Sprinter eyes Rio gold, world record in Paralympics

Jarryd Wallace always dreamed of a gold accessory for his eventual red, white and blue outfit.

"I remember when i was 6 years old in 1996, watching Michael Johnson run the 400 finals in Atlanta and wanting to be an Olympian," said Wallace.

The 26-year old was a state champion middle-distance runner at Oconee County High School before continuing his career at the University of Georgia. He's fulfilled his Olympic dream already, though not as he'd originally planned.

After a battle with compartment syndrome and several surgeries, Wallace had his right leg amputated below the knee. He calls it one of his hardest but best decisions ever -- the pain he long dealt with was gone, and instead of slowing down, he sped up.

Wallace is now getting ready to compete in his second Paralympic Games. He'll race in the 100-meter sprint in his classification and in the 4x100-meter relay. He's not shy about his goals -- a picture of the gold medal is his cell phone's background photo -- and is aiming high.

"We get a good start on a fast track in the right conditions, I think there'll be a good chance the [100-meter] world record's gonna go," said Wallace.

In addition to learning to run with a prosthetic leg, Wallace also had to transition from the distance racing he grew up with to sprinting. He says it's much more technical, every angle and movement is analyzed.

"Small margin of error in that race," said Wallace. "Ten and a half seconds racing, one little thing goes wrong, that can be the difference from winning to getting third or fourth place."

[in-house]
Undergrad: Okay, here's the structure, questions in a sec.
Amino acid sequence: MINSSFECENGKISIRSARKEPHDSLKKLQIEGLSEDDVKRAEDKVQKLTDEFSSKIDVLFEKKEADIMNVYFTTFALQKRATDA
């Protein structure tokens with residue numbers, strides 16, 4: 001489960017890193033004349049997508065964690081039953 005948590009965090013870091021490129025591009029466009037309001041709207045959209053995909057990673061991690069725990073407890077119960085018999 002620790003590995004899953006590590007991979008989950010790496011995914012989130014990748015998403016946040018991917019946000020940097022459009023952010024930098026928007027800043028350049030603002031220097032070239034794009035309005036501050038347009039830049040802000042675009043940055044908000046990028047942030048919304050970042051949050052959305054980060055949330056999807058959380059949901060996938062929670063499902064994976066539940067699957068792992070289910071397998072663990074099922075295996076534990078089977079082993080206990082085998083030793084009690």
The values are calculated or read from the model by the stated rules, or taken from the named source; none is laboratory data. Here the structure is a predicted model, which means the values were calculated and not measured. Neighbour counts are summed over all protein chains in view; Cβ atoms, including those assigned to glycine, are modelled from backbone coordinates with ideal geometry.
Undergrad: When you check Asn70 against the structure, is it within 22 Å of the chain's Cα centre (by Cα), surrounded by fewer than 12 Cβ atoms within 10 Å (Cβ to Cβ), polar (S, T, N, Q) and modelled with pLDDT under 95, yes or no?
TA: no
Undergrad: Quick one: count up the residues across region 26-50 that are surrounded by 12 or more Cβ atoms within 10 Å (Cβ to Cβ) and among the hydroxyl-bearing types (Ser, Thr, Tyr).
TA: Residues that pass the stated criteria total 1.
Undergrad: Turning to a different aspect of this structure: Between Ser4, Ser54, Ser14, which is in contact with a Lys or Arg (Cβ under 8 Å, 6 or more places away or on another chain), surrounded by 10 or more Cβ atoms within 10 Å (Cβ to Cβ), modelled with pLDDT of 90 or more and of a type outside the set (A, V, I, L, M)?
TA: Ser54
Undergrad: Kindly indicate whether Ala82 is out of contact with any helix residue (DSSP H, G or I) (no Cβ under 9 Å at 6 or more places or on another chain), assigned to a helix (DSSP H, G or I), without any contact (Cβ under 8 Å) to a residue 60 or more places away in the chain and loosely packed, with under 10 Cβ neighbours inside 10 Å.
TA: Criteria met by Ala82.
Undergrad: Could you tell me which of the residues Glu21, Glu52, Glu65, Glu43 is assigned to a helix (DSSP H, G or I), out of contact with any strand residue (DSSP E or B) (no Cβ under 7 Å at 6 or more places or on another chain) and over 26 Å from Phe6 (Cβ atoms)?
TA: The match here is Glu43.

Wallace trains with Georgia associate head coach Ken Harnden.

"We spend a lot of time going, 'how did that feel? What was different?'" said Harnden. "Because I will never be able to feel what he feels. I've run professionally, so I know what it's like to put two legs in front of another and that's normal, but with him I really have to ask a lot of questions."

After the Trials, Wallace took some time to decompress and recover, including a bachelor party trip with friends to unwind. Now, all his energy is on Rio.

"That's just putting myself in a position to say, 'ok, this is realistic,'" said Wallace. "This is not a far fetched dream. We've put the time in, if it's supposed to happen, it's going to happen. I want to put myself mentally in the best place to be confident that when the gun goes off, I have what it takes to bring home the gold."

Wallace has overcome bigger hurdles than the field of runners that await him at the Paralympics. The prize that will take just over 10 seconds to earn is something he's been working for, in many ways, his whole life.